Trafficking

Most people see Florida, and more specifically, Sarasota, as paradise. But there are others who find it a place to play out wicked fantasies. Those others are the “johns” that entrap vulnerable young girls into a life of prostitution and drug abuse.

Statistics show that Florida is in the top three states in the nation for sex trafficking.

According to Capt. Demetri Konstantopoulos with the Sarasota Police Department’s (SPD) Patrol Division, solicitation of prostitution by the johns in the city of Sarasota is high, with 84 arrests having been made in 2016, much of it along the North Tamiami Trail. He mentioned that statistic in an April 6 documentary named “Trafficked in Paradise” during the Sarasota Film Festival.

Is there hope for those females arrested as criminals?

Kostantopoulos didn’t used to think so when he would see many of them return as repeat offenders.

“Eighty percent of prostitutes return to the streets,” he said.

However, since training with the nonprofit Selah Freedom organization, headquartered in Sarasota and which exists to help those girls turn their lives around, he now sees them as victims rather than criminals. His fellow law enforcement officers have also been undergoing similar training, and the SPD is seeing positive results from the newfound labeling.

How did the girls become prostitutes in the first place?

Dede Jones, a Selah Freedom case manager, said the girls often have problems with self-identity. She said the girls usually had been sexually abused as a child and lived with victimization and were never able to see themselves in a positive light. The girl may be a runaway or one who found herself with nowhere else to go, and a predator can pick up on that.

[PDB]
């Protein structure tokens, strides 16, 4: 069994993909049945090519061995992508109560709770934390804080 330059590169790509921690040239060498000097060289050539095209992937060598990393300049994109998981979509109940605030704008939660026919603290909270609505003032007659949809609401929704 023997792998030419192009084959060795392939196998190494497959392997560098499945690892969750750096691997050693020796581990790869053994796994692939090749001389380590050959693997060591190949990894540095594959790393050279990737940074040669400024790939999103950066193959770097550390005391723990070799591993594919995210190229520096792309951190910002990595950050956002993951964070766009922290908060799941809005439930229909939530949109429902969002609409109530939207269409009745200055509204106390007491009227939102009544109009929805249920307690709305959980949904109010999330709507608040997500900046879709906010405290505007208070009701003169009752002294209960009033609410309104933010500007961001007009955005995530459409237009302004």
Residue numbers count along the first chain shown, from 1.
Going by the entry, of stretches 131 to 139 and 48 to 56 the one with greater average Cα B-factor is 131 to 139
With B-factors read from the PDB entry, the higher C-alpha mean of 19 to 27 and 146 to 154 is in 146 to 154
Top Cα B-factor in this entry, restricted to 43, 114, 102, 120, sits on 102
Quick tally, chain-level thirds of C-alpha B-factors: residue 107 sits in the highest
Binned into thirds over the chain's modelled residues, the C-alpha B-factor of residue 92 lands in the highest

The predator promises the girl a better life, and once he has control over her, he forces her into drugs and prostitution, resorting to threats to hurt her or even kill her if she doesn’t perform.

A woman named Kelli, who now volunteers for Selah Freedom, told of how she had an addiction to opiates and her parents kicked her out. She moved to Florida and met her trafficker, who provided for her and made her reliant upon him.

“He groomed me to be a prostitute and threatened me with death if I did not do what he wanted,” she said.

She found her way to Selah Freedom, got help getting her G.E.D. and counseling and whatever she needed to get her life on track, and now is free of that former life.

“The sky is the limit for me now,” she said.

About Selah FreedomIn early 2010, Laurie Swink and Misty Stinson, of Sarasota, were inspired to launch a home for sex trafficking survivors in an effort to bring solutions to the victims of this horrible reality. After having seen a video of a young survivor who had been rescued from sex trafficking only to find herself with nowhere to turn, Swink focused on these words that were announced: “Who will give them a home?”

She heard it as a call for help and wanted to help these victims. She wanted to be the one who would make a difference, and give them a home.

That same year, Elizabeth Melendez-Fisher moved to Sarasota and was organizing a women’s leadership event with a team from Chicago. Swink and Stinson, joined the leadership team putting on the event. Before meeting those women, the Chicago team had been researching the local area for a worthy cause to support. Asking around, they were repeatedly presented with the horrifying fact that local children were being sold for sex.

This group of women became determined to highlight and help fund a local anti-sex trafficking organization, but sadly, there was none to be found. Out of the need and collaboration, Selah Freedom was created.

Selah is a Hebrew word which means to pause, rest, and reflect. The organization gives survivors a chance to do that. Women in the program have the time to dream, consider and discover who it is they were created to be.

For more information about human trafficking and Selah Freedom, visit: selahfreedom.com.

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